This is the Amblewagon found and photographed by Ben Stiles in a junkyard near King of Prussia, PA. It had a standard transmission; the head rests on the front bucket seats indicate that these were not original to the vehicle. Remaining in front were the red grill lights (though it apparently lacked front tunnel lights); in the rear spot light housings remained on the fenders, emergency lights on roof, and storage retainers on the doors; on the cab floor were the foot controls for the siren and flashers. It is interesting that the ACC emblem is on the instrument panel instead of the glovebox door, as seen in the other amblewagons. A camper conversion had been started but not completed, accounting for the non-original cabinetry, sink, and mattresses. Additional images here show the loading lights inside above the rear doors, positions of dash controls for lights, siren and fan, and a ceiling stoarge cabinet.
Images provided by Ben Stiles
Original ACC Amblewagon photographs
These three images are original photographs taken by ACC (kindly provided by George Johnston).
Is this VIN 2R126F101252? Dave Newell has provided several reasons to believe that it is. Several visible features are consistent with a 1962 production model, including the clear directional lenses and the Impala wheel covers. The Schoen/Budapest Amblewagon is based on a Corvair-95 outfitted with the "Custom Equipment" (Deluxe) option, which was probably unusual, and the upholstery pattern, windshield trim and chrome bumper of the image vehicle are consistent with this. Likewise, the unusual contour stripe is not known for any other Amblewagon We do not know the full restoration history of the van, and it's possible the reverse AMBULANCE seen in the ACC picture was intentionally not restored -- there are restrictions on operating a vehicle in most states that says "Ambulance" (ambulance aficionados often use removable magnetic signs). The additional emergency lights on the Schoen/Budapest Amblewagon could have been added later, but the center light/siren combo looks to be identical. The label on the window behind the driver's door, which reads "Property of Chevrolet Motor Division", was used on vehicles delivered to dealers before the public announcement date for new models. This label would have been replaced with a standard window stickers when the vehicle was invoiced to dealer. Was 2R126F101252 a pre-introduction assembly? Production of 1962 model Corvair-95s began in Flint in August 1961, and the last FC serial that month was 1113; the Schoen/Budapest Amblewagon would have been number 1252 and produced the first week of September. Since the 1962 public model intro day was 9-26-61, the VIN fits perfectly with the property label on the window.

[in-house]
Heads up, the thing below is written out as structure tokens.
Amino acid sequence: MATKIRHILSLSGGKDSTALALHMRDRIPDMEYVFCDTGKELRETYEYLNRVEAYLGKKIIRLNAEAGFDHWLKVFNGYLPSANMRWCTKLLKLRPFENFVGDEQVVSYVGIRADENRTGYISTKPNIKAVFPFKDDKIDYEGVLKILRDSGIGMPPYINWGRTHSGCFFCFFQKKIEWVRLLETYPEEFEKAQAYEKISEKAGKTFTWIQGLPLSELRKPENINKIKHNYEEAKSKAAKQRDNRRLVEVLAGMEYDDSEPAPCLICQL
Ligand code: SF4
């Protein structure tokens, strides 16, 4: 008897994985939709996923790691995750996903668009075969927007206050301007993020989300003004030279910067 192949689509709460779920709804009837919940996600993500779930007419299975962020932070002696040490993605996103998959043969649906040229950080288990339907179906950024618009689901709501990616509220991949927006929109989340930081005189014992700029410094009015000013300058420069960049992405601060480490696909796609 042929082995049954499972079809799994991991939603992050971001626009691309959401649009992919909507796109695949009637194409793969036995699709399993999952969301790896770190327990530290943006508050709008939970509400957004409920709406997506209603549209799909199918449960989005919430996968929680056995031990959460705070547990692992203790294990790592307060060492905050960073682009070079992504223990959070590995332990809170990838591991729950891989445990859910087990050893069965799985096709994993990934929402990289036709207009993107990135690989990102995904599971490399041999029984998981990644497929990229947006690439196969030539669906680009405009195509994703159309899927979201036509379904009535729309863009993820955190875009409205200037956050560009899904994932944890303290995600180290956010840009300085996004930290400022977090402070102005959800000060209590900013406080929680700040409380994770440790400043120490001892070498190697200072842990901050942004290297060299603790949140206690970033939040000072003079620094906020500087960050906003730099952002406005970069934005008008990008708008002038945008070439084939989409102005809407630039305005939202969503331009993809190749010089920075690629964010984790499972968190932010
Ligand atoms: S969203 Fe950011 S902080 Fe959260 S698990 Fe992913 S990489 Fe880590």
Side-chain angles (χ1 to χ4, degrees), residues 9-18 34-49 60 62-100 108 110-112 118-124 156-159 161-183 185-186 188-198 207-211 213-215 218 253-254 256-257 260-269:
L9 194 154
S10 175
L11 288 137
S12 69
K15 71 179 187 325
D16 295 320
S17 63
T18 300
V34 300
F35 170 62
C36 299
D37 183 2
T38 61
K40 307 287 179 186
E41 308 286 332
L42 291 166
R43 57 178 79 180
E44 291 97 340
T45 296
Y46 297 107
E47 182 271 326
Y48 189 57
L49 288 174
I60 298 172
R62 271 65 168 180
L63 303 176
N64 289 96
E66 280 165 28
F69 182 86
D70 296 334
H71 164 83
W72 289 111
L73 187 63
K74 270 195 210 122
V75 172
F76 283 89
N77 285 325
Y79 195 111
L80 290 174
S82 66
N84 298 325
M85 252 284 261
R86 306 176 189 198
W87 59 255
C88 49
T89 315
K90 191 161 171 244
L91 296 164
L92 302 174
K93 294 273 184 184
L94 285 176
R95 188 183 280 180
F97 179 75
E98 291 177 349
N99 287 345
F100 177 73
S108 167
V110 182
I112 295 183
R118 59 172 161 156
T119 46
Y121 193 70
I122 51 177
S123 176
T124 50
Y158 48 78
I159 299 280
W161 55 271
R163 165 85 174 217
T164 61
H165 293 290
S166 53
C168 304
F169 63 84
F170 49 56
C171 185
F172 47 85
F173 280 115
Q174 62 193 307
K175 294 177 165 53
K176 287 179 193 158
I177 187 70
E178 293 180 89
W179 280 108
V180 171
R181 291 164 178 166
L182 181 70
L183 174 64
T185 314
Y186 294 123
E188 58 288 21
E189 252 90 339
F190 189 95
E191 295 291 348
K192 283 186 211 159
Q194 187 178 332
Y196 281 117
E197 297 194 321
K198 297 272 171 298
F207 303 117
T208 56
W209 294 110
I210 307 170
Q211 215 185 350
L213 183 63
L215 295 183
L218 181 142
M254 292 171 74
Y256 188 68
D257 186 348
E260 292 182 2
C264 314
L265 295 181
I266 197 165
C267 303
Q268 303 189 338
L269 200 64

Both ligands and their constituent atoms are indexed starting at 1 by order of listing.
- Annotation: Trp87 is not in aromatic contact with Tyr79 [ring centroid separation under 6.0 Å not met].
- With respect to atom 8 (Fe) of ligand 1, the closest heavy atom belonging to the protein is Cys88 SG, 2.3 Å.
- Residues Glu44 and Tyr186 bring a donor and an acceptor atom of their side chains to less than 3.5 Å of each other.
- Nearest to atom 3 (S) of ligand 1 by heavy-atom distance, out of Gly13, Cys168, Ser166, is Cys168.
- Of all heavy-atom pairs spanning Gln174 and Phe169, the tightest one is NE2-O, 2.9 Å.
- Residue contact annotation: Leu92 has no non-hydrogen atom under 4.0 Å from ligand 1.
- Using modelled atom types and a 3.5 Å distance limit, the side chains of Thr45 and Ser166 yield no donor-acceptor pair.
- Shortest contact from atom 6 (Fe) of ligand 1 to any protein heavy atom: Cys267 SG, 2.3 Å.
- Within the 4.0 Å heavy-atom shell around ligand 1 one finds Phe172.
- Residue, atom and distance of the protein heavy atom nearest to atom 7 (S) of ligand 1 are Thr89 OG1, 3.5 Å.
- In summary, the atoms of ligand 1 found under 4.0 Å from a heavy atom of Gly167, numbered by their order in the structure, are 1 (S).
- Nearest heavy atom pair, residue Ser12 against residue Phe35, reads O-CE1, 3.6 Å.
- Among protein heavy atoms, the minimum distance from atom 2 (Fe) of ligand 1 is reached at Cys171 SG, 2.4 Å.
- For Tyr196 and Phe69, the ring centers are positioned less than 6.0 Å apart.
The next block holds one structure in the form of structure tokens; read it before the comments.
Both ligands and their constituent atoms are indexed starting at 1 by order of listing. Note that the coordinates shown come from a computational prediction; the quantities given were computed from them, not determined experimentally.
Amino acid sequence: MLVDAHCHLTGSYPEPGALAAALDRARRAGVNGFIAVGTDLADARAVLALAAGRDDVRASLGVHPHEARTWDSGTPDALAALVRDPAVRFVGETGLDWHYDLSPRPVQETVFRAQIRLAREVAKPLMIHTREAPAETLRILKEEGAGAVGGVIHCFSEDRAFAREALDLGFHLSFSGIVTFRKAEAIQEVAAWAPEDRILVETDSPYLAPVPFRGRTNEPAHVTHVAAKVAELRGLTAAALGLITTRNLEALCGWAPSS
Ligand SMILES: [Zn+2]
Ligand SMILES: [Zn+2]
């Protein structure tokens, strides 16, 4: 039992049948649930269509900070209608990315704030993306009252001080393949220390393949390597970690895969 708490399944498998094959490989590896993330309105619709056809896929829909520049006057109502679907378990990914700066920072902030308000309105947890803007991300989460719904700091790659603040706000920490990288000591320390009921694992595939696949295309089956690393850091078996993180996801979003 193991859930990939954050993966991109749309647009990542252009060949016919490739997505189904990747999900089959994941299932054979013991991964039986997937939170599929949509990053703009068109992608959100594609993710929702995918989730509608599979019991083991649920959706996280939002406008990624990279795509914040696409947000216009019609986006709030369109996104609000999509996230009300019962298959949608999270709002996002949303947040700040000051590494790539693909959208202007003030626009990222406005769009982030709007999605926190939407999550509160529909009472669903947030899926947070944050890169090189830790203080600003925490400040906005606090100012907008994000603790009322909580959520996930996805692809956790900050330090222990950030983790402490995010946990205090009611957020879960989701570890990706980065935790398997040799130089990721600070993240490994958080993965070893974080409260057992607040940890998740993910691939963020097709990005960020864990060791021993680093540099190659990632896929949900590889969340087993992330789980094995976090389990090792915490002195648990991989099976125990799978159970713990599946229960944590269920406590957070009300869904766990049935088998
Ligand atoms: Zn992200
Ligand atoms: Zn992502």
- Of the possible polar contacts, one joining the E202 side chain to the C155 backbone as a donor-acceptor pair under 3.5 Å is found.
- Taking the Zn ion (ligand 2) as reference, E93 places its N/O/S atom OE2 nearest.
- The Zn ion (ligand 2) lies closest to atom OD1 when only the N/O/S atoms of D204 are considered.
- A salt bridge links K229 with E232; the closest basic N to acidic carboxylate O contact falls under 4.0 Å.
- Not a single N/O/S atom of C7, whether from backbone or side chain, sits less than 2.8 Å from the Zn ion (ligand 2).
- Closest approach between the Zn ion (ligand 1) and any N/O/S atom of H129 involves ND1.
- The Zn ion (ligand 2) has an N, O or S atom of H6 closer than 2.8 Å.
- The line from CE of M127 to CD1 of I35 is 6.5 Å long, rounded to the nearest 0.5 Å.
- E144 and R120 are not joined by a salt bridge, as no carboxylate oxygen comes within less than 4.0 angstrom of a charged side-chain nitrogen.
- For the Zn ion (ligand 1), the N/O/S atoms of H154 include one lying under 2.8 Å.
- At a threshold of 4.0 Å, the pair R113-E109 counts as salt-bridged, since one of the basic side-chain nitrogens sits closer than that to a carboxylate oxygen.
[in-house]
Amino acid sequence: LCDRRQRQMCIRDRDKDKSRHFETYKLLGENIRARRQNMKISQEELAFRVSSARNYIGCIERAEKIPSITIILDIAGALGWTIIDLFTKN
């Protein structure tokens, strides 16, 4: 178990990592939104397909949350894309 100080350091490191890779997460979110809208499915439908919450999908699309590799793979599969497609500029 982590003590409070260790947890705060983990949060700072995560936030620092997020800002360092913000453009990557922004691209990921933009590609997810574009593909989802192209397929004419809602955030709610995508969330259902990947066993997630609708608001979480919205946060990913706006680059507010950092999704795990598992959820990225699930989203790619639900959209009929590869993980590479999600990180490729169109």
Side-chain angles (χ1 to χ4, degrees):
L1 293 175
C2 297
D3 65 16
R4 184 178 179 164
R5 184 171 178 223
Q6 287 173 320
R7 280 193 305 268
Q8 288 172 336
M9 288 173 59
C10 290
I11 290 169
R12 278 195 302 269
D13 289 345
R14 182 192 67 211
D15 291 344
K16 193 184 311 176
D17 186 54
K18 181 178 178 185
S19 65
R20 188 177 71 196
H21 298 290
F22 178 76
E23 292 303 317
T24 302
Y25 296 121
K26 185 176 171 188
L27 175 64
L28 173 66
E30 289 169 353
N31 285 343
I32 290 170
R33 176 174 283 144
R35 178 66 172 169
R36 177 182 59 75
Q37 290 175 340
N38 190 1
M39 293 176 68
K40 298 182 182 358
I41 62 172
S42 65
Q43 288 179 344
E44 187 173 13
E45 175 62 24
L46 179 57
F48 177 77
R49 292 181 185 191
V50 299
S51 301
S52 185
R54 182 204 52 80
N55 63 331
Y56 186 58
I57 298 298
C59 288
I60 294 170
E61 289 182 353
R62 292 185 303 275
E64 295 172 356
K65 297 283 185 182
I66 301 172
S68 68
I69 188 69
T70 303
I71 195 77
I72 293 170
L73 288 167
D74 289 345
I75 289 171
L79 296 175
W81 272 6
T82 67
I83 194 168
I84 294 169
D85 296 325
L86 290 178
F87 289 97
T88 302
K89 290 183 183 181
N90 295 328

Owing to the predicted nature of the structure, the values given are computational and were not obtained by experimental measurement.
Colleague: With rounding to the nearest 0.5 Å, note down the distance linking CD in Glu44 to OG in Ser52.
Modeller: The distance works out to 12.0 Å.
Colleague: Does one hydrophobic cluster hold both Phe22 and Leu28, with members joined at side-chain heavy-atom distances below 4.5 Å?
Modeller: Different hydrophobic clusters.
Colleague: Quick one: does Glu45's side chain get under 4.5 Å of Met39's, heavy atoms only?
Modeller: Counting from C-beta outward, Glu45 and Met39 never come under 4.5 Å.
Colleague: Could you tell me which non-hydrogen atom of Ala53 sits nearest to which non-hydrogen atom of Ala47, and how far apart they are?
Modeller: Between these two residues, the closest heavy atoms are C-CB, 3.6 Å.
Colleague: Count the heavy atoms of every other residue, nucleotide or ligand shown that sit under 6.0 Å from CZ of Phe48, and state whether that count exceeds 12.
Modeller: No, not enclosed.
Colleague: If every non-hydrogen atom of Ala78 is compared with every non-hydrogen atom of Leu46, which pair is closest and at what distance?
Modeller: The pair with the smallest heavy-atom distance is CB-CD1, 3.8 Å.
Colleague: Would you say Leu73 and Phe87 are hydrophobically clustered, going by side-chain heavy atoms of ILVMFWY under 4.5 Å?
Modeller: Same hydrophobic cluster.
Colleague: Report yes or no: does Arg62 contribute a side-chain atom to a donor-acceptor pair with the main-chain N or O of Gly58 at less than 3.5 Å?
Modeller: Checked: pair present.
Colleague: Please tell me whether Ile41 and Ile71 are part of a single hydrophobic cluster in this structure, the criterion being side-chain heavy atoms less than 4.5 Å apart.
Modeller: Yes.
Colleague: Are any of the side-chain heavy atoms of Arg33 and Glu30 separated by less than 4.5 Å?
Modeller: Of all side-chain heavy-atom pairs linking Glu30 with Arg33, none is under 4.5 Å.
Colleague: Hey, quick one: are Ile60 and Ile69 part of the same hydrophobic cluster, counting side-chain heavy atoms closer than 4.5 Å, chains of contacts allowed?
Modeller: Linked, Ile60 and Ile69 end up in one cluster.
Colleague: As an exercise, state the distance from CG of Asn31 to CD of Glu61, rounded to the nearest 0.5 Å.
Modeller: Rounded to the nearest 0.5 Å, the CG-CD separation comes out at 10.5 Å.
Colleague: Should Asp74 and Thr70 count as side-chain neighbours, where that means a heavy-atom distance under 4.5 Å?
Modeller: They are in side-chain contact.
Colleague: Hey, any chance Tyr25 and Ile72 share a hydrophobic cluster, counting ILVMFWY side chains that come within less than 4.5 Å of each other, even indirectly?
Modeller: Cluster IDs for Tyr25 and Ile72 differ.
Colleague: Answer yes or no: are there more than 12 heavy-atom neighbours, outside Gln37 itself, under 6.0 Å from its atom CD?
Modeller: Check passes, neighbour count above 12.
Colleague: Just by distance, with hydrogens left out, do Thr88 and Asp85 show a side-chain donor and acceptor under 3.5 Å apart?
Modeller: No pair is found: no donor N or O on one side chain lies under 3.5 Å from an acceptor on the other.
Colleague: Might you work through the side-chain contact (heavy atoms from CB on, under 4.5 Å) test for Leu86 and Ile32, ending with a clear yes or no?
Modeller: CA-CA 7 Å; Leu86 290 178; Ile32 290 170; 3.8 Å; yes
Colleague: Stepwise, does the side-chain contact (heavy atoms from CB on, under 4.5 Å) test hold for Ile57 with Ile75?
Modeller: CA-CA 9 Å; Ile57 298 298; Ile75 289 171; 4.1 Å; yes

This is an 6-door Corvair-95 conversion. Note the redirected heater vent in the cabinetry.
Paul Steinberg provides compelling analysis that this is an ACC mock-up using an 8-door vehicle. The cabinetry, attendant's seat, gurney stanchion and medical equipment appear to be only set in place; the light may be setting unattached on the roof; and the oxygen canisters are not appropriate. The cabinet facing the attendant's seat also appears to be made of cardboard.
Other historical images of Amblewagons
From an article in Canadian Funeral Service Magazine, Oct 1962, p 45. This appears to be the same 8-door corvan Amblewagon mock-up shown above and used in the 1961, 62 and 63 ACC Amblewagon brochures and advertisement. A careful analysis suggests that all the amblewagons (other than the handicapped children vehicle) in the ACC brochures were the same 8-door van simply outfitted temporarily with different interior and exterior accessories. Why was an 8-door model used; an original idea later rejected in favor of 6-door models?
Pennington NJ First Aid Squad Historic Photo.
1961 ACC Corvair Greenbrier Amblewagon
This appears to be an ACC Corvair-95 funeral vehicle conversion. Paul Steinberg notes that ACC was very emphatic that their truck conversions include Interstate Commerce Commission (ICC) required lights if the vehicle was going to be crossing state lines in commerce. Image provided by Paul Steinberg
A collection of additional Amblewagon documents can be found here.
Peter Arnst - for permission to use the Amblewagon advertisement.
Brian Carlson - for VIN Numbers and historical information about Egil Twedt's Amlewagons.
Phil Domser - for images of his Beatrice Rescue van and the roof flasher.
George Johnston - for personal recollections of his restoration of Amblewagon #1, historical documents and letters, and photograms.
David Newell - for his deep knowledge of Corvair-95s, discussions of Amblewagon history, brochures and historic letters.
Paul Sergeant - for info about Dick Schoen's Amblewagons.
Paul Steinberg - for sharing his extensive knowledge of Professional Cars and Corvair amblewagons.
Ben Stiles - for pictures of the King Of Prussia Amblewagon.
Gergely, Póla. American Patient Transporter: Chevrolet Corvair Ambulance. Vintage Car and Motor Magazine (Veterán Autó és Motor magazin) November 2009. The full article can be accessed here; use Google translate for an interesting read.
Merksamer, G. 2004, Professional Cars: Ambulances, Hearses and Flower Cars
Old Car News & Marketplace. June 18, 1992. Corvair Amblewagon 1 Back in Service. Page 62.